Herein, we highlight this “smart” glucose-responsive nanoparticles system as following:

  1. i

    Undergo structural transformations adjusted by glucose concentration changes, leading to glucose-stimulated insulin release.

  2. j

    Oral management enhanced by the addition of thiol groups could improve intestinal permeability and enzyme inhibition.

  3. k

    Combined with ease of administration, biocompatibility and “smart” responsiveness without hypoglycemia.

Experiment section

Materials

Sodium alginate (ALG), 2-nitroimidazole (NI) and 6-(Boc-amino)hexyl bromide were purchased from Sigma-Aldrich Chemical Company (St. Louis, MO, the USA). l-cysteine (CYS), 1-(3-dimethylaminopropyl)-3-ethylcarbodiimide hydrochloride (EDC) and N-hydroxysuccinimide (NHS), were all purchased from Aladdin Bio-Chem Technology Co., Ltd (Shanghai, China). Glucose oxidase (GOx), insulin (INS) and fluorescein isothiocyanate labeled insulin (FITC-INS), used as model drugs, were purchased from Dalian Meilun Biotechnology Co., Ltd (China). The model cells (Caco-2 and HT-29) were got from American type culture collection (ATTC) (Shanghai, China), Male ICR mice and SD rats were supplied by Wushi Laboratory Animal Co., Ltd (Fuzhou, China).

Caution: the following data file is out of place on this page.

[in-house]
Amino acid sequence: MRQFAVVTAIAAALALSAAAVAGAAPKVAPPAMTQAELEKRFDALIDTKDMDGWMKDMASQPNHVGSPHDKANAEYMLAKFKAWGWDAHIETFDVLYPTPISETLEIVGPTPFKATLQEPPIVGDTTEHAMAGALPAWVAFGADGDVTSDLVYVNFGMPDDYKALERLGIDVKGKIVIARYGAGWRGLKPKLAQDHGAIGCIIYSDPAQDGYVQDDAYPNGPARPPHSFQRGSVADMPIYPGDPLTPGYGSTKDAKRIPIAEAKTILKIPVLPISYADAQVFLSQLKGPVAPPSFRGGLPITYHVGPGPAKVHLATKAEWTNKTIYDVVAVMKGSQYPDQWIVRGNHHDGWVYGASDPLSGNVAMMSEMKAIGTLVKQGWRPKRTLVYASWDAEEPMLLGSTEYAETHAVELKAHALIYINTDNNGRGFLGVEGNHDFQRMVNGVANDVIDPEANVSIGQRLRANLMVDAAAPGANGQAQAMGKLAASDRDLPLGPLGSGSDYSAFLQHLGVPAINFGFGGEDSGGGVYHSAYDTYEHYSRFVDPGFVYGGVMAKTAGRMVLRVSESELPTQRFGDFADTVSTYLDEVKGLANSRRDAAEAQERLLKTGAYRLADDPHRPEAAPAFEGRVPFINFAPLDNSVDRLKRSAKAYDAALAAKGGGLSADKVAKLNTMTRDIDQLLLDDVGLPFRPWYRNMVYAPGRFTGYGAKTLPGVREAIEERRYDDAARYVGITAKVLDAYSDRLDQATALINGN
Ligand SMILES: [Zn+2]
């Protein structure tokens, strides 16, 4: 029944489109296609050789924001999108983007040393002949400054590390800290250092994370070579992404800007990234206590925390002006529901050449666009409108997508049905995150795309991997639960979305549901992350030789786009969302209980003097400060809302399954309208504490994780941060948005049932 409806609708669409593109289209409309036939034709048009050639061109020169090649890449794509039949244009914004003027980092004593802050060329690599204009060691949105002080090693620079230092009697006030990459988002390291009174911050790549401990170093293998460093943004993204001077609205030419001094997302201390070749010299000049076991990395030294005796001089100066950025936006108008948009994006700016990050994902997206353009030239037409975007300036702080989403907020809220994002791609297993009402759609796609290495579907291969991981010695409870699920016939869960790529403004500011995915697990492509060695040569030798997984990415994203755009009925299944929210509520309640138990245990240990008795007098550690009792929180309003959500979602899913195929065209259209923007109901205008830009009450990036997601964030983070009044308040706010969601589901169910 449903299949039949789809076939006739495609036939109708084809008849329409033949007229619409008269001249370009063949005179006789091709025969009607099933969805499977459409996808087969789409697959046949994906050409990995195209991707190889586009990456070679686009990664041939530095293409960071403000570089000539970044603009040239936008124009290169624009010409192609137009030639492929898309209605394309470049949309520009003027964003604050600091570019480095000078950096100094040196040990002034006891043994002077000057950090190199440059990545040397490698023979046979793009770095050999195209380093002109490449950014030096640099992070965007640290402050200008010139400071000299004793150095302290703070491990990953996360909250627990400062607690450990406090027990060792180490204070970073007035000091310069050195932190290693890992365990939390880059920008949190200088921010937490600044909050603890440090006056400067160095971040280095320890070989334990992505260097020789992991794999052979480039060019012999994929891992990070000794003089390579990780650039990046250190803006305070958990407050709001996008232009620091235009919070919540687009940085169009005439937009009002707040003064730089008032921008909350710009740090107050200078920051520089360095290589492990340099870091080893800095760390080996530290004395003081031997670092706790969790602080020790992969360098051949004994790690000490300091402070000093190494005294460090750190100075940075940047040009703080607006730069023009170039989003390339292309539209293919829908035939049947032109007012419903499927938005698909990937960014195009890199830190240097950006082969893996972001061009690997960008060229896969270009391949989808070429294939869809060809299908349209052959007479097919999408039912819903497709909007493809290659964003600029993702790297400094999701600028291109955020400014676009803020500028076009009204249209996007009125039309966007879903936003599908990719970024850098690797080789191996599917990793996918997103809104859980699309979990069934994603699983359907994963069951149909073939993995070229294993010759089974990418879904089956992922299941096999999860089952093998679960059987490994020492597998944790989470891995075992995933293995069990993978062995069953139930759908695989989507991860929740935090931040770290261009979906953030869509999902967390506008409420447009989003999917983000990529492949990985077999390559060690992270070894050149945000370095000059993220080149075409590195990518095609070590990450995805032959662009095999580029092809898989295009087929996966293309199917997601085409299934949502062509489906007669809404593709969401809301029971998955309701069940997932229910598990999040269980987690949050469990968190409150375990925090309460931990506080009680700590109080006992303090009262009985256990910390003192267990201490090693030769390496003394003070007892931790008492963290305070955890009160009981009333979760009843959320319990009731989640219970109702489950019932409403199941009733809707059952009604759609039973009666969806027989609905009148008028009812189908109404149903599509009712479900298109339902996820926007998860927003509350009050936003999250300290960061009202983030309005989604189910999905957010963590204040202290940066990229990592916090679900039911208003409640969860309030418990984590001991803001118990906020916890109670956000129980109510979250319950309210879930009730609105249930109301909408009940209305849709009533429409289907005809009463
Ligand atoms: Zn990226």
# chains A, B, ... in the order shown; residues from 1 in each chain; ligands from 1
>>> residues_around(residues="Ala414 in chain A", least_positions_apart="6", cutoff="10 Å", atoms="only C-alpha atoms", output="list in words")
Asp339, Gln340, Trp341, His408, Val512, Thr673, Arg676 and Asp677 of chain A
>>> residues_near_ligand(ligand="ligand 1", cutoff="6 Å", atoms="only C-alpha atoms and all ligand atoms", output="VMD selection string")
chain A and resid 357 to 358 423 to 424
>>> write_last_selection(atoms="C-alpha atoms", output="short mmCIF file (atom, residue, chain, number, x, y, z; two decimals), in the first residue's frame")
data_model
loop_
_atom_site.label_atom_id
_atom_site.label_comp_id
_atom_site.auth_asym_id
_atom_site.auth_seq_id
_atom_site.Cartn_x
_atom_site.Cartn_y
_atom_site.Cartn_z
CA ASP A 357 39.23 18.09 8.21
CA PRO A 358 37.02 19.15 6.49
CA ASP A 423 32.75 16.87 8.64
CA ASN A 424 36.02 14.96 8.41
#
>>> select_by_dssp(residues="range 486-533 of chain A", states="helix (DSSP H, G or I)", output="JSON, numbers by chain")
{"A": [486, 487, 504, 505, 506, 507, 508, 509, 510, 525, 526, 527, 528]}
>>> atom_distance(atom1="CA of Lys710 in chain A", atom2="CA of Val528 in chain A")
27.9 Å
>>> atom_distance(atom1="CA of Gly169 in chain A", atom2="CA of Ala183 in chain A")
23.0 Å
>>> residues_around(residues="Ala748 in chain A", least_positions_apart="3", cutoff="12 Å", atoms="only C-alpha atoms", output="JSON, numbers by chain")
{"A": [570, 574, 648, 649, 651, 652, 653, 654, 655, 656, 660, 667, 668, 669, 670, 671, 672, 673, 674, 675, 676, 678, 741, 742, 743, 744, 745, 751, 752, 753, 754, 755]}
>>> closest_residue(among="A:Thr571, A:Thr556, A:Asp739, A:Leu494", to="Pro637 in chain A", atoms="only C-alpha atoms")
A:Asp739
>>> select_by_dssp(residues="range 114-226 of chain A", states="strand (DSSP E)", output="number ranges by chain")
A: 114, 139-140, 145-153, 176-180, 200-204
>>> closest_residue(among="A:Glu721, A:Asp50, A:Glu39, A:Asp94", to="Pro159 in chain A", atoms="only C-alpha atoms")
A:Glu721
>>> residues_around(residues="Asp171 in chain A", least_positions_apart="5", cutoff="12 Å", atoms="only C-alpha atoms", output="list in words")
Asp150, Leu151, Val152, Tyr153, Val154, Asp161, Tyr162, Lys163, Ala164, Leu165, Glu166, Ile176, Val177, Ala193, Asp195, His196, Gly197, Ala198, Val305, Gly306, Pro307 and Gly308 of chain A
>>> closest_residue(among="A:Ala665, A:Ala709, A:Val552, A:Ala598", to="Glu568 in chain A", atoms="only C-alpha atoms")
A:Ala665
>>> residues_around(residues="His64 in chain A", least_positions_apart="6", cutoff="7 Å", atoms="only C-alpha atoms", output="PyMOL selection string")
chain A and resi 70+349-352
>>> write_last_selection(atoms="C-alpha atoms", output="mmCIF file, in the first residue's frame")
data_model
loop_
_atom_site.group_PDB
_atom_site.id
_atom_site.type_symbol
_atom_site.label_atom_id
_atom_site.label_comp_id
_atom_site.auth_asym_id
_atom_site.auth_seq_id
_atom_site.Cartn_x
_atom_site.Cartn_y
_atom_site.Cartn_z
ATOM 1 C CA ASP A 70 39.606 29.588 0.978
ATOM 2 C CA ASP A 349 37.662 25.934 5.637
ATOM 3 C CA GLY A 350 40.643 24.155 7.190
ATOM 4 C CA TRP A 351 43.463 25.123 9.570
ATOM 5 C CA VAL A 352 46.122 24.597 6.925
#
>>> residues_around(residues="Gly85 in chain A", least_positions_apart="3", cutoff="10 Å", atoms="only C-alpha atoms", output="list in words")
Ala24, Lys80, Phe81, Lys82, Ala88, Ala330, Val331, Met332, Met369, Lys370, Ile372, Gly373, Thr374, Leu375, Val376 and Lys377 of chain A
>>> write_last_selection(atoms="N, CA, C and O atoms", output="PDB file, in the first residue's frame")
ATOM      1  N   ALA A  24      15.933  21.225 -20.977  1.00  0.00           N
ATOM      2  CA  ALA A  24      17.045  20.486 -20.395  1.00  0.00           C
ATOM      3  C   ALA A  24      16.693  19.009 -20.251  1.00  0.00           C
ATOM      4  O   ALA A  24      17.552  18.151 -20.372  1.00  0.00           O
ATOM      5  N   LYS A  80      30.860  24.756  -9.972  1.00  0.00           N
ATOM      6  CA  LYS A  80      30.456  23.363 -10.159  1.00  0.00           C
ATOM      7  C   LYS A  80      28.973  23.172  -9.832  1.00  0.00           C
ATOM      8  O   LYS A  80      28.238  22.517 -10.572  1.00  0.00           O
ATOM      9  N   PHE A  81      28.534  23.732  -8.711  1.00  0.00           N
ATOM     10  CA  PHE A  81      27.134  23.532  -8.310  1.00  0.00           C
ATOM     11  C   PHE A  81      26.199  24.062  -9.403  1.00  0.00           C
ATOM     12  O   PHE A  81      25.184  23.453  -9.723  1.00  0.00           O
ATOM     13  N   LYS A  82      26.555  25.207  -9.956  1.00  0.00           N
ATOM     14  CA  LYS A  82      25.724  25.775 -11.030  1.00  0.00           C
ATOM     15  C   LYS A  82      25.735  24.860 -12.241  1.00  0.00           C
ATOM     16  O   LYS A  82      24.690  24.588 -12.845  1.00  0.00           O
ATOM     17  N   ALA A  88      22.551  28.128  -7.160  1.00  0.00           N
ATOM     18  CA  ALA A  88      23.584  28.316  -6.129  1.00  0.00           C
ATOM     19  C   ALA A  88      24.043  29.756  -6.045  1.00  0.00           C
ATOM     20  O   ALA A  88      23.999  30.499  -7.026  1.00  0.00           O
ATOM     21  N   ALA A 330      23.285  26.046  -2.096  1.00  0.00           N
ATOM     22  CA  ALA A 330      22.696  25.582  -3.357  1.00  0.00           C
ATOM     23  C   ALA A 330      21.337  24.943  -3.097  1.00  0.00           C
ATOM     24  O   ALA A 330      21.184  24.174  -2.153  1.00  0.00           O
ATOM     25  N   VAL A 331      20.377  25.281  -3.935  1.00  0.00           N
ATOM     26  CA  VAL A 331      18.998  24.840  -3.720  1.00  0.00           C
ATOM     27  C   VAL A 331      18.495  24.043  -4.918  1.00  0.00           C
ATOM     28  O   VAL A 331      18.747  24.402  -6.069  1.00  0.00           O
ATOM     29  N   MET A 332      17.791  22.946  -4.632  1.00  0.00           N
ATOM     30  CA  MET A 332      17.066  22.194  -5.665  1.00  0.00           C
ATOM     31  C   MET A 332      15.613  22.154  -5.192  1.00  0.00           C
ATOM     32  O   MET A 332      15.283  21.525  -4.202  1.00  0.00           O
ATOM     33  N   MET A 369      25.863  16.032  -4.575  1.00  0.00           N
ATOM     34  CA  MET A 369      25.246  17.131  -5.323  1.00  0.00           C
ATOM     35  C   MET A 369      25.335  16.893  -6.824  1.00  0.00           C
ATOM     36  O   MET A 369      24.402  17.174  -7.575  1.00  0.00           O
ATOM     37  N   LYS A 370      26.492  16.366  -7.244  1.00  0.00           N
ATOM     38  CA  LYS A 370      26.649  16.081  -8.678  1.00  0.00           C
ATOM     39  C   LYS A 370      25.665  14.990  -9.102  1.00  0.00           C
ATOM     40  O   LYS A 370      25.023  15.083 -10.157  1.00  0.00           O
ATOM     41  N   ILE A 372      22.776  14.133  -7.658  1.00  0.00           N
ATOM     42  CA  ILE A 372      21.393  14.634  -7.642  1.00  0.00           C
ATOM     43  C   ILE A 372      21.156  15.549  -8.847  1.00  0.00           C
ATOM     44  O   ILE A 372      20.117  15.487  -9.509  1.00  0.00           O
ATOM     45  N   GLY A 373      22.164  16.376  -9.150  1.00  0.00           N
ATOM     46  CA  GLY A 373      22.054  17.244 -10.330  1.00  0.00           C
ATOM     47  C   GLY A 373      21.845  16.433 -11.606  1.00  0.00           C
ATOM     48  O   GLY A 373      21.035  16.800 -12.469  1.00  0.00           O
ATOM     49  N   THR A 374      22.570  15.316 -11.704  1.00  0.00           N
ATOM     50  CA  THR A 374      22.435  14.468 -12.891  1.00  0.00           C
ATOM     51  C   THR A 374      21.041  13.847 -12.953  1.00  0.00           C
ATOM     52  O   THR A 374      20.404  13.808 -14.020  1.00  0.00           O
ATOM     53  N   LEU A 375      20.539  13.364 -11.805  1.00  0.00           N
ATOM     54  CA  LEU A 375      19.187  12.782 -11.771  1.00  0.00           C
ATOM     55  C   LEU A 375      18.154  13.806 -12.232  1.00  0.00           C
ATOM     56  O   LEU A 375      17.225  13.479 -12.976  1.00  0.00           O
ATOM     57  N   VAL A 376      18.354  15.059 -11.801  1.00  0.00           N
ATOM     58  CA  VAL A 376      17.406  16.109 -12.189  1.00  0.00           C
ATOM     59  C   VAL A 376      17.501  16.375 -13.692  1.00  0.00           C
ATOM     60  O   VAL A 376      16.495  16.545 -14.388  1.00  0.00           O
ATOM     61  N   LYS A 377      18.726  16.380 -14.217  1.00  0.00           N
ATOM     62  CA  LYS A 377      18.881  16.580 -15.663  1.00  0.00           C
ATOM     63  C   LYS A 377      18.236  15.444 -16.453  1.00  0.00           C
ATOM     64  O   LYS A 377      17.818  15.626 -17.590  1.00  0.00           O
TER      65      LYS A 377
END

Synthesis of NI–CYS–ALG polymers

The NI derivative (NI-NH2, details in Additional file 1) was conjugated to l-cysteine–alginate sodium (CYS–ALG) in the presence of 1-(3-dimethylaminopropyl)-3-ethylcarbodiimide hydrochloride (EDC) and N-hydroxysuccinimide (NHS). In brief, cysteine-alginate (0.1 g) was dissolved in a 5 mL mixture of formamide and dimethyl formamide (DMF) (1:1, v/v), after which 50 mM EDC and NHS were added and stirred for 15 min. The NI derivative (0.1 g) in 1 mL DMF was slowly added to the reaction mixture and stirred for 1 day. The resulting solution was dialyzed against an excess of water/methanol (1/1–1/3, v/v) for 1 day and against distilled water for 2 days at room temperature before being lyophilized. The molecular weight of dialysis membrane was 3500. Samples were lyophilized and then stored at 4 °C until further use. The amount of the NI was detected at 330 nm by a UV–vis spectrophotometer (details in Additional file 1).

Characterization of polymers by 1H NMR and FTIR

The chemical conjugation of NI derivate, CYS–ALG and 2-nitroimidazole–l-cysteine–alginate sodium (NI–CYS–ALG) were confirmed using 500 MHz nuclear magnetic resonance (NMR) spectroscopy and FTIR spectroscopy. Samples for analysis were prepared in deuterated chloroform (CDCl3), deuterated methanol (MeOD) and deuterium oxide (D2O) and detected by 1H NMR spectroscopy (Bruker AVANCE III 500, Germany). Fourier transform infrared (FTIR) spectra were recorded on a FTIR spectrometer (Thermo Scientific Nicolet iS 50, America) using the KBr pellets method in the wavenumber range of 400–4000 cm−1.

Preparation of GR-NPs and insulin-loaded GR-NPs